But restaurant owners generally don’t have that choice. Instead, they must either build service into their cost estimates when buying POS systems or else contract directly with whatever company built their system when something goes wrong.
Finally, the easiest way for one to tell the difference between a restaurant and retail POS system is in their prices.
Retail POS systems are sold as low-cost commodity items, with most manufacturers providing them at only slightly above cost. Restaurants, on the other hand, have very different needs that justify paying premium rates for both hardware and software support.
Maintenance and Upgrades
Maintaining a POS system is also quite different in the restaurant and retail sectors. A retailer either has to pay someone to come out and fix their POS, or else they have to be able to do it themselves (i.e., the devices are accessible enough that they can be easily opened up and maintained).
Restaurants, on the other hand, usually don’t have any IT staff on the premises. Because of that, they need to rely on third-party POS companies for service and support, they’re forced to buy it as part of their POS package.
Restaurant POS systems are also frequently upgraded with new versions of their software. Usually, this requires an expensive visit from the POS company’s technicians, who shut down their restaurant clients’ network to perform the updates. Retail systems are rarely upgraded at all unless there’s a major change in technology or if they’ve fallen so far behind that it becomes necessary to upgrade just to keep them relevant.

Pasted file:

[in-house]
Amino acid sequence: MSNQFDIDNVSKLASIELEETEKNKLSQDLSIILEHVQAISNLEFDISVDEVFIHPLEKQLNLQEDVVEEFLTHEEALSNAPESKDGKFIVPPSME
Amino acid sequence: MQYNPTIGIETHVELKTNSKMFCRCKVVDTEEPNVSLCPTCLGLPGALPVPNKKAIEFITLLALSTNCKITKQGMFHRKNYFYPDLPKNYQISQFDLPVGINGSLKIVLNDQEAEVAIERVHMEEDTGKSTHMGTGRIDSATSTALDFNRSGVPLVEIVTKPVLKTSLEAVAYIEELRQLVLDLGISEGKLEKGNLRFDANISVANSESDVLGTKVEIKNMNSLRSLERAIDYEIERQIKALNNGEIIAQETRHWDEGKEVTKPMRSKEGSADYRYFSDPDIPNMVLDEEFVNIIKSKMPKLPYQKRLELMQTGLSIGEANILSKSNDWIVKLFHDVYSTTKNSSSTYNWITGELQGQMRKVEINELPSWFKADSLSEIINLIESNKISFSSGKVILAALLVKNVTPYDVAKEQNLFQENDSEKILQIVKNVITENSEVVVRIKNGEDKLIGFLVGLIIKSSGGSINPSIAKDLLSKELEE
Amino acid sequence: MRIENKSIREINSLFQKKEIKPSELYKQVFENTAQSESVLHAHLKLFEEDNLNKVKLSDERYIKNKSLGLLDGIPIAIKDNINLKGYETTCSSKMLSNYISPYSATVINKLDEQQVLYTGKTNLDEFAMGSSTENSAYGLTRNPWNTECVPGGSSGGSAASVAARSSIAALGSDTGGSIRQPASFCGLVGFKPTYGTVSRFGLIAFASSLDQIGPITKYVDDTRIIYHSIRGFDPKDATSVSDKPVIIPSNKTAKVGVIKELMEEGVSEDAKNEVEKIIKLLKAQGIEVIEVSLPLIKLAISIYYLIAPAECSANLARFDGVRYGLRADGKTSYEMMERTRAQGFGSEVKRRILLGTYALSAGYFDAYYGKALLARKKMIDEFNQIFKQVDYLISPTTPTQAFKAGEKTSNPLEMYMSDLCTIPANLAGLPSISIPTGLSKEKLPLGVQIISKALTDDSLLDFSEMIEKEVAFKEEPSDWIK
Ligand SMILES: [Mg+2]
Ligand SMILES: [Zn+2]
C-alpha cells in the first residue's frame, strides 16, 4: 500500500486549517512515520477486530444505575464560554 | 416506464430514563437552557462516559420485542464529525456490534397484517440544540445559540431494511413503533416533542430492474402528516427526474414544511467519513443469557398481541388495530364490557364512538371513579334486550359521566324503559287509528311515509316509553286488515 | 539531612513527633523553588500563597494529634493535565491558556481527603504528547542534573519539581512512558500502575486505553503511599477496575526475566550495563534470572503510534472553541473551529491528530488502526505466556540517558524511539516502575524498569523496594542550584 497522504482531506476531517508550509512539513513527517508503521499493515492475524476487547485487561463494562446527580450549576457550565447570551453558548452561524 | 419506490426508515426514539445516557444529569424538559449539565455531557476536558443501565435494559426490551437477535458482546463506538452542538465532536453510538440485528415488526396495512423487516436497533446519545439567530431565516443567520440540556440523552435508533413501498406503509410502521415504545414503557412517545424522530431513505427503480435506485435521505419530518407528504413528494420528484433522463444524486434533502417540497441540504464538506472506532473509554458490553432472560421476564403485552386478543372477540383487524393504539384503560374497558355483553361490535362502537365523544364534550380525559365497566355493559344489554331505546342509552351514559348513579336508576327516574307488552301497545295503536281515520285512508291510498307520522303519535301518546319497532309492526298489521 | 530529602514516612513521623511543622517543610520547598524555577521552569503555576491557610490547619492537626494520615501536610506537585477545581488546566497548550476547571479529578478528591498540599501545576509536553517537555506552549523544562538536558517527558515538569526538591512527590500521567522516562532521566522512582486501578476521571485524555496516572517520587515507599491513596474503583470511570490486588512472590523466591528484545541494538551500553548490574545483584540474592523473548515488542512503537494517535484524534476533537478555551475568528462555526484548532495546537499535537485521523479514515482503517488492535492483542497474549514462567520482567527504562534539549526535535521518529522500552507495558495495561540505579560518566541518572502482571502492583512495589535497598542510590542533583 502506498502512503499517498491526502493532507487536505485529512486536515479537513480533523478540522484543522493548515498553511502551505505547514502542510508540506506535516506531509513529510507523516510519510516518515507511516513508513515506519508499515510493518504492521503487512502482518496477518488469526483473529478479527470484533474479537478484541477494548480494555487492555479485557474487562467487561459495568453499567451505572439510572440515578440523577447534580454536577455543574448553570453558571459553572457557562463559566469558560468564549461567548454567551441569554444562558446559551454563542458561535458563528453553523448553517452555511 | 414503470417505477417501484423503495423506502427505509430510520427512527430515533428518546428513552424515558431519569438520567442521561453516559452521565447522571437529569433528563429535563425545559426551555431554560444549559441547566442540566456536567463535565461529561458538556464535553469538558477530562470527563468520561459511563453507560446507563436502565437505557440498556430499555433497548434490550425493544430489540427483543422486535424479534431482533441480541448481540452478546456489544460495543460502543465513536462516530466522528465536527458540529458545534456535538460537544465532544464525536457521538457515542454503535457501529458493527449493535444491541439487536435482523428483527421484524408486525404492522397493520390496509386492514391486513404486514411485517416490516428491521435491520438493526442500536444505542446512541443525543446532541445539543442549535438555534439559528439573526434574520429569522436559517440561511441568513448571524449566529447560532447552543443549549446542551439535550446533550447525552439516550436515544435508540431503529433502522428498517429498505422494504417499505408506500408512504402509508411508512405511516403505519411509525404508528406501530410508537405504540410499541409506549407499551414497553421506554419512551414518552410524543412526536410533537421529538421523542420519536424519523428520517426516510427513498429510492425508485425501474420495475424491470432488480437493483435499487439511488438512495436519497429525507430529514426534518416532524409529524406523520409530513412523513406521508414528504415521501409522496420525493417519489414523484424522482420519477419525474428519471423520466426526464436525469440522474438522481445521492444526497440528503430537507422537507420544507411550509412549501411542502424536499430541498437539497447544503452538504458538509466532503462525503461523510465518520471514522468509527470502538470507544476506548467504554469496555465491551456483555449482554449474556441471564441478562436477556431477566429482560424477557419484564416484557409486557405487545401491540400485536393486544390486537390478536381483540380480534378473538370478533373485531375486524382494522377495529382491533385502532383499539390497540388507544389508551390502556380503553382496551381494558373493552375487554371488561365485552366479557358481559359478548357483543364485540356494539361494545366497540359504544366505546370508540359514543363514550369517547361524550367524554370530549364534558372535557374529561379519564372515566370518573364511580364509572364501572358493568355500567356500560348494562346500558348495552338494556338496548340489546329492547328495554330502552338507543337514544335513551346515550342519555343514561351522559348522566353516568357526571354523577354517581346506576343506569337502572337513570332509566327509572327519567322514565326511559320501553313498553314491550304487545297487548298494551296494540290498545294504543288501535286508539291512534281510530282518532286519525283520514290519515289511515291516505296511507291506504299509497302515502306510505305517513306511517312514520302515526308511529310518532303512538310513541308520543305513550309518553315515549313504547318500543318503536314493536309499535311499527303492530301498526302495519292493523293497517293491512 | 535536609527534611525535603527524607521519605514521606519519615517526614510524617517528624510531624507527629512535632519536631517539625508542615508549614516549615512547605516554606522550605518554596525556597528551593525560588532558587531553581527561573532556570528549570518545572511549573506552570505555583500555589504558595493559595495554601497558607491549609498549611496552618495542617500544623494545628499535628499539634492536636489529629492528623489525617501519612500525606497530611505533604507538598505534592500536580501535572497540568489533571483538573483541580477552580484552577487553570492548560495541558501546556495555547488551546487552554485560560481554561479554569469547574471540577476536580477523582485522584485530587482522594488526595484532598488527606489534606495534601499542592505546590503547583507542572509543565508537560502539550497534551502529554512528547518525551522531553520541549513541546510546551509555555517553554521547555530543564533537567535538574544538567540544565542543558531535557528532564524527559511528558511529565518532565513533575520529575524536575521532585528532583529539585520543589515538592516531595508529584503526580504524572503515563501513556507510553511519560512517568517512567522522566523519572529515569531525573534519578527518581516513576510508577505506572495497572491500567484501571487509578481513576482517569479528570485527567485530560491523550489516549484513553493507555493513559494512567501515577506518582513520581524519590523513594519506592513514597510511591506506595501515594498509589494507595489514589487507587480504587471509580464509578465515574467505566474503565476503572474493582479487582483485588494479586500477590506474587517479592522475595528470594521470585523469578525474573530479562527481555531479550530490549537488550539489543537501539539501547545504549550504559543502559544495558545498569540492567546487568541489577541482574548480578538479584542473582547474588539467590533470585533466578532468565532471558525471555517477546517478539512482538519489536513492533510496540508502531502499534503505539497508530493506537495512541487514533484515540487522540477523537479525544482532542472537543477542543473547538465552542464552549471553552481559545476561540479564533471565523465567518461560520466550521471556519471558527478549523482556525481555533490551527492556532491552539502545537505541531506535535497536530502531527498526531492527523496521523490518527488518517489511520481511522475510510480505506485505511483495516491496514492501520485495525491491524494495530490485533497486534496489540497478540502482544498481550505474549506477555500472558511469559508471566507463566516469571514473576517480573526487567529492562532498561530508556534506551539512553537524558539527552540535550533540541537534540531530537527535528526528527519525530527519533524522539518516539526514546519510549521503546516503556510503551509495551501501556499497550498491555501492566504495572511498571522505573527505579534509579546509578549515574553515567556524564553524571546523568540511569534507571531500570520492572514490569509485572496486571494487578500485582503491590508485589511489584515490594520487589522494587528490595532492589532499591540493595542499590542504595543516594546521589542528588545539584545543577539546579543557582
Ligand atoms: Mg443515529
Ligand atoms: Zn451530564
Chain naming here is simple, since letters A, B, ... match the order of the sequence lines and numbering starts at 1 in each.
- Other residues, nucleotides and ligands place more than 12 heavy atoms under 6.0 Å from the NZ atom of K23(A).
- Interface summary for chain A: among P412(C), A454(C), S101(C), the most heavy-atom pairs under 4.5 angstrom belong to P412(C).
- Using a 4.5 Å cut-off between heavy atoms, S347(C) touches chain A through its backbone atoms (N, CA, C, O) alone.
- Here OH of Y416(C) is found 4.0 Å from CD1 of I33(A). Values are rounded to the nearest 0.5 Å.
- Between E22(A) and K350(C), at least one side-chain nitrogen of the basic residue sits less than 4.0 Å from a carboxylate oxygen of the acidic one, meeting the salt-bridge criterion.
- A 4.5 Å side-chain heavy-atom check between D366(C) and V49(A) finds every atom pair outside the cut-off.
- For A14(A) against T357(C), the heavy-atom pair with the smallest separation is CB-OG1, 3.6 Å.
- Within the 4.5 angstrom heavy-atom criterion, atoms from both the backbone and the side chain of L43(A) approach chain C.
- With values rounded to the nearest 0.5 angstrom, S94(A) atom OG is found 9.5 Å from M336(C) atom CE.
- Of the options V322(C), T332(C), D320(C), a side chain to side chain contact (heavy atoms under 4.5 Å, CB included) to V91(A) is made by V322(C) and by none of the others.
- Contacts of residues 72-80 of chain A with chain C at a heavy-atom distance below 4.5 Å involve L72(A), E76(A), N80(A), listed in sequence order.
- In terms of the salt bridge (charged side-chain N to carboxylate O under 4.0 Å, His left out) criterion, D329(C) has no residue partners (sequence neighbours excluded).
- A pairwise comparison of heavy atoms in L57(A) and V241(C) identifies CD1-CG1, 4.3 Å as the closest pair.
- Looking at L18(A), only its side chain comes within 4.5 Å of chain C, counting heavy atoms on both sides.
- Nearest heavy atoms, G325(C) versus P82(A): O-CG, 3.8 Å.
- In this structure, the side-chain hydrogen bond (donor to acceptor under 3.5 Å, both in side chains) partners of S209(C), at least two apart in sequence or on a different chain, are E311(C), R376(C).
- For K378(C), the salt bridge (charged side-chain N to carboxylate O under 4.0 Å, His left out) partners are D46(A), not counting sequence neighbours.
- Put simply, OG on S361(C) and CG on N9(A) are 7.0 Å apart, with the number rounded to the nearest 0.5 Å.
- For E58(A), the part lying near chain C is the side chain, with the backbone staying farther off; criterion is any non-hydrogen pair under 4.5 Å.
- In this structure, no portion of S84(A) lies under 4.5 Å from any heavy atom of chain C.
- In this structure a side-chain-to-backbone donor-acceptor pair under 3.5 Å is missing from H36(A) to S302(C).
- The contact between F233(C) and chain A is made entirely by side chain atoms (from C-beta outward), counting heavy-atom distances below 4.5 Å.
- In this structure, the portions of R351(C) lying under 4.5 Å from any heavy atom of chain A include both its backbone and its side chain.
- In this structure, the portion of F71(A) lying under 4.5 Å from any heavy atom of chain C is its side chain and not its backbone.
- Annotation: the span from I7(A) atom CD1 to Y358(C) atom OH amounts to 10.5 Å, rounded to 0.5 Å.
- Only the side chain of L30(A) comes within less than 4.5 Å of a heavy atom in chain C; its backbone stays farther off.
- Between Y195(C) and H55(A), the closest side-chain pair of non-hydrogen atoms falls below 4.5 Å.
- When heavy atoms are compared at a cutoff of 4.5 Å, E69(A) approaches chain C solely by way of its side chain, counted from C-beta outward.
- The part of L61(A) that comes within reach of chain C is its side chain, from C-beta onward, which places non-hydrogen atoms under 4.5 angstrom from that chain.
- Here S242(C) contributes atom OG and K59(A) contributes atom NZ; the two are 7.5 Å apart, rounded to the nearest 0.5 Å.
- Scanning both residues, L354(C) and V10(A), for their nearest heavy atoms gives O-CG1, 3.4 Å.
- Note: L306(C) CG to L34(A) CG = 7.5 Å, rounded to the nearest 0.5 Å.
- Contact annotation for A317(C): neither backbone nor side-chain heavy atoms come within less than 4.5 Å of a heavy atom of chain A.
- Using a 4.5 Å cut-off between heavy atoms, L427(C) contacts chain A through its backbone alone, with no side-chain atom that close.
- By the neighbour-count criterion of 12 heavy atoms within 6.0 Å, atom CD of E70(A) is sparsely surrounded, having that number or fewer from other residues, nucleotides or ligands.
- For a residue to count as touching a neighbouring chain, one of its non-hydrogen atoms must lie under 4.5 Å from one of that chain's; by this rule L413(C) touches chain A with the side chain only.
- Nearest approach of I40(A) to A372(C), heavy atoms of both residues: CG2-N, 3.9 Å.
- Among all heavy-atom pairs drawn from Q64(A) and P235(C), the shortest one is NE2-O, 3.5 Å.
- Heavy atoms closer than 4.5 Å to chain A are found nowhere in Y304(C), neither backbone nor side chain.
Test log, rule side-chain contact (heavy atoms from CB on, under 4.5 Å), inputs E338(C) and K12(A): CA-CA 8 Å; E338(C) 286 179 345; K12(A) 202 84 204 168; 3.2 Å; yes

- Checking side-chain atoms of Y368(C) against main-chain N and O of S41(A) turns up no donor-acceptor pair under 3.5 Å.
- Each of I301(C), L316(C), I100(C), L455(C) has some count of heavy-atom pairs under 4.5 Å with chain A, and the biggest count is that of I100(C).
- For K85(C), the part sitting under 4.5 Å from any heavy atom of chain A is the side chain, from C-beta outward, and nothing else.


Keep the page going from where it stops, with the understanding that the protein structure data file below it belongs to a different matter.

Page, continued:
Restaurant POS systems also need to be capable of driving better performance from the people who use them, since restaurant employees frequently work under dangerous time pressure. Retail POS users can take their time; they don’t have to worry about getting fired if they’re five minutes late for a shift.
Network architecture and protocols also provide different challenges for restaurant and retail POS systems. Restaurants are simply too complex to be centralized, while retailers’ architectures are more amenable to centralization.
Restaurant owners also need their hardware to be integrated with other pieces of their business, such as kitchen displays or bartop tablets that show customers what’s available before they arrive at the restaurant.
Retailers don’t need that capability at all, since they have a huge variety of products to sell and they have less of a chance to cross-sell if customers can see the product in advance.
In addition, restaurant POS systems must be capable of interfacing with hundreds of different kitchen appliances and devices. Many retail POS systems only need to interface with a handful of cash drawers and credit card terminals.
In summary, retail businesses can find a suitable point of sale system by looking for a software package that handles basic sales recording and inventory management. Restaurant businesses need POS systems that can handle more complex tasks such as monitoring food preparation and recording accurate inventory levels.